Research at DAR Library Now Free to the Public

The DAR Library, one of the country’s premier genealogical research facilities, is now FREE to all researchers. In October, the entrance fee for use of the Washington, D.C. family history library was eliminated as part of ongoing efforts to make the extensive DAR genealogical resources more accessible to the public.

“We are so pleased to be able to now offer the DAR Library resources free of charge,” says Eric Grundset, Director of the DAR Library. “We invite and encourage anyone who may have been deterred in the past by the usage fee to come visit and explore our vast holdings. You never know what you may be able to discover about your family at the DAR Library.”

You can read the full article on the NSDAR website Research at DAR Library Now Free to the Public

Tennessee Family Bible Records

According to the Genealogy in Time newsletter,

the Tennessee State Public Library has put online a collection of some 1,500 family bibles that the library has been collecting since the 1920s. The collection consists of scans of all the pages in the bibles that contain notations such as dates of birth, baptism and marriage of various family members. In Tennessee, birth certificates were not required until 1908, making this collection particularly valuable for anyone with Tennessee ancestors (interesting fact: the US government still accepts a list of births in a family bible as one proof of citizenship).

When using Bible records, a number of things you should take into consideration include:

  • The information has NOT been checked to ascertain whether it is valid or not.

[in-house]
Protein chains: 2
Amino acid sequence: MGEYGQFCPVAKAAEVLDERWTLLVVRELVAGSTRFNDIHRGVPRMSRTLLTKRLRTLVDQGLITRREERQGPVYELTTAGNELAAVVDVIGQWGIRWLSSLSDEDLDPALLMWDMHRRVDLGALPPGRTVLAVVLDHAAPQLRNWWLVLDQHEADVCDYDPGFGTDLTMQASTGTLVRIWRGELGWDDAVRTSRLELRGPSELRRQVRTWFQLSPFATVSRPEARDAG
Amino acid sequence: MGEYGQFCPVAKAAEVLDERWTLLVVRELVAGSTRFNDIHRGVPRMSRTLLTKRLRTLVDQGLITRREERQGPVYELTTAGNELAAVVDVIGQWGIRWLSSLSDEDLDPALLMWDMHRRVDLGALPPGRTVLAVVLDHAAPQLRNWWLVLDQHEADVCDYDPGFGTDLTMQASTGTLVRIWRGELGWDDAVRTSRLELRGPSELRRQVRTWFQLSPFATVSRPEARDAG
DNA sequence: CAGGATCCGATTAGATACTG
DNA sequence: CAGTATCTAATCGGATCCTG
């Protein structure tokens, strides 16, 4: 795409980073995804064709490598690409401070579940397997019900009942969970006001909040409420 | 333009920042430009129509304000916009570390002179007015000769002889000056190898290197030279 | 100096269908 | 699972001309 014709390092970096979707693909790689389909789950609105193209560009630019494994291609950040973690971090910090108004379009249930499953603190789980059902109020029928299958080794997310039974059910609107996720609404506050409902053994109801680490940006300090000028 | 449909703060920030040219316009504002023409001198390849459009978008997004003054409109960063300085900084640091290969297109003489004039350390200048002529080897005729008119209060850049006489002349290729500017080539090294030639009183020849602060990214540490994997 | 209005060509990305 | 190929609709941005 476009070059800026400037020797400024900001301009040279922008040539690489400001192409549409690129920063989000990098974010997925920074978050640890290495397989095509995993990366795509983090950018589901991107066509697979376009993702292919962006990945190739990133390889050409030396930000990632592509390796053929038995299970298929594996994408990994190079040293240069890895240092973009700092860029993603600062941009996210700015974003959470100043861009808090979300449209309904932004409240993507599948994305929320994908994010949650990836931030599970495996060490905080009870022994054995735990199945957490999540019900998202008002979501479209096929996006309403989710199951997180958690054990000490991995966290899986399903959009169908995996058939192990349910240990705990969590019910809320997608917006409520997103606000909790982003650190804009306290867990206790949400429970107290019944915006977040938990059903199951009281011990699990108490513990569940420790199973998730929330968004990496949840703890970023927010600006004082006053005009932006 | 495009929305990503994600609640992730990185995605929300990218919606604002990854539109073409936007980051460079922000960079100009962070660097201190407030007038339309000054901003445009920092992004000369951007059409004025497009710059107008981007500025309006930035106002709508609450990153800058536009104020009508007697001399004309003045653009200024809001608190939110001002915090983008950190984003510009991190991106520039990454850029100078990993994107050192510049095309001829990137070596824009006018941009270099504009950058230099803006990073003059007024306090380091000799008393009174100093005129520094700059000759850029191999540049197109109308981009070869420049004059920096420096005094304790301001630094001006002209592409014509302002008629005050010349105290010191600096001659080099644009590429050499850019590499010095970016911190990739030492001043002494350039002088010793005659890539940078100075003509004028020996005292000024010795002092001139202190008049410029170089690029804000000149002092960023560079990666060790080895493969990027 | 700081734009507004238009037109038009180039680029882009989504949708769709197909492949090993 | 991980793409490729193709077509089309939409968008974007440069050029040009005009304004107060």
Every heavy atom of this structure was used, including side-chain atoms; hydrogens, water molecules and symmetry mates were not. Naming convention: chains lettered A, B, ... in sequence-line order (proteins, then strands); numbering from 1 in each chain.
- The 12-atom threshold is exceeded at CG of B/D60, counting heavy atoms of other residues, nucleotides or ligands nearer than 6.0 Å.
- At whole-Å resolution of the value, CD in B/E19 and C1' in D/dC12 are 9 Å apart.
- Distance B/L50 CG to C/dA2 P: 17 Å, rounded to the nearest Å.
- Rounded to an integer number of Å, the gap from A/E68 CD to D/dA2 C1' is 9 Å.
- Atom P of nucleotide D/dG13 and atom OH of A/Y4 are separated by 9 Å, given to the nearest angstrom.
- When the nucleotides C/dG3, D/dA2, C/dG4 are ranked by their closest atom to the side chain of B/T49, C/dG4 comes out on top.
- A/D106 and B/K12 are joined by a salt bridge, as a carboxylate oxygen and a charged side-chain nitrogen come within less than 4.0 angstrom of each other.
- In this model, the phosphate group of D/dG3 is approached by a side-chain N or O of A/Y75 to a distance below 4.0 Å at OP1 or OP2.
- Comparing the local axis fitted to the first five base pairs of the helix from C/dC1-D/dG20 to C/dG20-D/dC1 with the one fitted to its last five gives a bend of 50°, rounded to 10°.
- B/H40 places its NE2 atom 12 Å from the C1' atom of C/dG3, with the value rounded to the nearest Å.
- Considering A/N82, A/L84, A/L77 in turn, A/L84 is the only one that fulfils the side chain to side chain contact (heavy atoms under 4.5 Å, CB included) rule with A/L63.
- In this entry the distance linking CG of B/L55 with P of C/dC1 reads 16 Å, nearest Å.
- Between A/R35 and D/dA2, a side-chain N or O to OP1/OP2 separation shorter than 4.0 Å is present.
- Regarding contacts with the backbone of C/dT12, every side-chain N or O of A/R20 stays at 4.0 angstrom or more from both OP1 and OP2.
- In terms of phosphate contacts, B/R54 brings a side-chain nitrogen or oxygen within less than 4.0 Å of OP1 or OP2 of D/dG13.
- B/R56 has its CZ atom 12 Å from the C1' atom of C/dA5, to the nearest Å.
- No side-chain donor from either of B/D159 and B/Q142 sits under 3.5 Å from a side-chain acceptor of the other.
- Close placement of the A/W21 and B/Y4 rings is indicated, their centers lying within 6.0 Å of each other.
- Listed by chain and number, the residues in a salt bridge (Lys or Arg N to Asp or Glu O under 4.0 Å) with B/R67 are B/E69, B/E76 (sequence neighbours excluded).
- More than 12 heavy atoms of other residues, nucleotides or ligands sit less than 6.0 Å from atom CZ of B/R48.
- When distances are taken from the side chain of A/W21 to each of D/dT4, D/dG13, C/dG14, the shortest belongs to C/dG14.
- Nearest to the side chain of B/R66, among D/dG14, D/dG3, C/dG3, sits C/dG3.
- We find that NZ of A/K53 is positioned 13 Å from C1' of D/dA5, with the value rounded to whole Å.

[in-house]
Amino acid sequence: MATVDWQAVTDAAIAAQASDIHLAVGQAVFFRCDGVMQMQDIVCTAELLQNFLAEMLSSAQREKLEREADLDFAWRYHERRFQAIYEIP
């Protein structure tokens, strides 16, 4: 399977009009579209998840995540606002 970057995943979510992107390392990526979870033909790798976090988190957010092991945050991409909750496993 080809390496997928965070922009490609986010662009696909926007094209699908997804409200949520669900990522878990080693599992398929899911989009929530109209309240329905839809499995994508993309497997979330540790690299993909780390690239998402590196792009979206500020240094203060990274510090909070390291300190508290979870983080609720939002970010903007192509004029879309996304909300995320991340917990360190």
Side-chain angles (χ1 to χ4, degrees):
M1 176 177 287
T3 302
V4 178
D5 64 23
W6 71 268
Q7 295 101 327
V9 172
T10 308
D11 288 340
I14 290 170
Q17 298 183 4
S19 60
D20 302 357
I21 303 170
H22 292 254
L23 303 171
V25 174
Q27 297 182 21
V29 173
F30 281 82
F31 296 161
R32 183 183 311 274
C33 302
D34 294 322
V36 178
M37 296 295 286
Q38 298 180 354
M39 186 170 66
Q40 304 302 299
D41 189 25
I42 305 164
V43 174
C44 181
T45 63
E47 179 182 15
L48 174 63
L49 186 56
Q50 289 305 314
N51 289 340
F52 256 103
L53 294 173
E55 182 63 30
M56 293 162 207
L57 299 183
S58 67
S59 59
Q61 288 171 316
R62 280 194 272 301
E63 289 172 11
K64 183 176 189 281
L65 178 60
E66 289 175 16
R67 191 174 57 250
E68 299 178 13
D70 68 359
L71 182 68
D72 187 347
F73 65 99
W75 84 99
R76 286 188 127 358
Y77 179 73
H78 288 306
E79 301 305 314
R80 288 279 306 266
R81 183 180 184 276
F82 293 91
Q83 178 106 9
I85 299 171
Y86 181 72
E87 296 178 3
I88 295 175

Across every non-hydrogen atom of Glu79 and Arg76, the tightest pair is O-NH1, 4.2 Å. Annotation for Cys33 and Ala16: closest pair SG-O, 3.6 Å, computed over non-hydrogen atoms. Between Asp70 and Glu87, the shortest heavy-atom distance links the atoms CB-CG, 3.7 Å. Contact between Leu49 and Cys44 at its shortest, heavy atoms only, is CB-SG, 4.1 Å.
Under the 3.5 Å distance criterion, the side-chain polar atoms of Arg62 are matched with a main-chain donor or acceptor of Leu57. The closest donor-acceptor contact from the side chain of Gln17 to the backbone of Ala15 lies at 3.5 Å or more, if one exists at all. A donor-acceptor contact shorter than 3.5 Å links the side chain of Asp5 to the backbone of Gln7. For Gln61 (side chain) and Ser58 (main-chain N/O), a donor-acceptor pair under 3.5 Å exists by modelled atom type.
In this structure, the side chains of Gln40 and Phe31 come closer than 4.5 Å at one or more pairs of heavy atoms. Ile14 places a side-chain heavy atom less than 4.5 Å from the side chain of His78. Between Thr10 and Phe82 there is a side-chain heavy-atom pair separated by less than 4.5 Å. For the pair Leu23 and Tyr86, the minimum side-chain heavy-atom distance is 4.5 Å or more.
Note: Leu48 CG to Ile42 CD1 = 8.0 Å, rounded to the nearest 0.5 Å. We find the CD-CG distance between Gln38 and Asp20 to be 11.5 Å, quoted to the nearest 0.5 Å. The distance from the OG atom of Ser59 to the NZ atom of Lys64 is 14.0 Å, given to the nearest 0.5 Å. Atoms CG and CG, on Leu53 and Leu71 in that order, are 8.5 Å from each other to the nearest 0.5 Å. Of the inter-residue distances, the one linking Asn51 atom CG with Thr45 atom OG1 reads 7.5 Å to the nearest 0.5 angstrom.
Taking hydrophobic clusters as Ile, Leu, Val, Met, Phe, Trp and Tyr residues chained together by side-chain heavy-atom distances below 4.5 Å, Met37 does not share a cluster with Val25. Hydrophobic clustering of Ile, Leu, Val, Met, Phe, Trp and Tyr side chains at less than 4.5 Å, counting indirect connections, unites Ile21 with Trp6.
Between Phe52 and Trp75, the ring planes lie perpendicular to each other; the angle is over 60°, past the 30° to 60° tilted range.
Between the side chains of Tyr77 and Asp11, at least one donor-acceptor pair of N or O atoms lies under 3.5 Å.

• Families MAY have altered the date of a marriage in the Bible to make it look like the children were NOT conceived out of wedlock.
  • If the cause of death is included in the Bible, it may be different than the official record.
  • Some wealthy families may have also recorded the names and dates of birth of their slaves.

What’s happened to Rootsweb?

At about 1:30 p.m. MT on Monday, June 16, 2014, attackers targeted Ancestry with a Distributed Denial of Service attack (DDoS),’ wrote Scott Sorensen, chief technology officer for the site.

Read more: http://www.dailymail.co.uk/sciencetech/article-2661791/ancestry-com-hit-hackers-site-goes-offline-two-days.html#ixzz35N28c161

As of today, Sunday, June 22, 2014 Ancestry.com and  Find A Grave are again working although they may be slow. Apparently NONE of the websites hosted by RootsWeb/Ancestry are back up. With some of them you will receive the following screen

error-notice

With some of them including the freepages sites, you get no notice and just the connecting from your web browser. How long will these sites be down? No one seems to know and these sites are evidently low priority to Ancestry.

I am assuming the various mailing lists are also down since there has been no traffic on the ones I am subscribed too.

WHAT IS A DDOS ATTACK?

Hackers can use a network of ‘zombie’ computers to sabotage a specific Web site or server.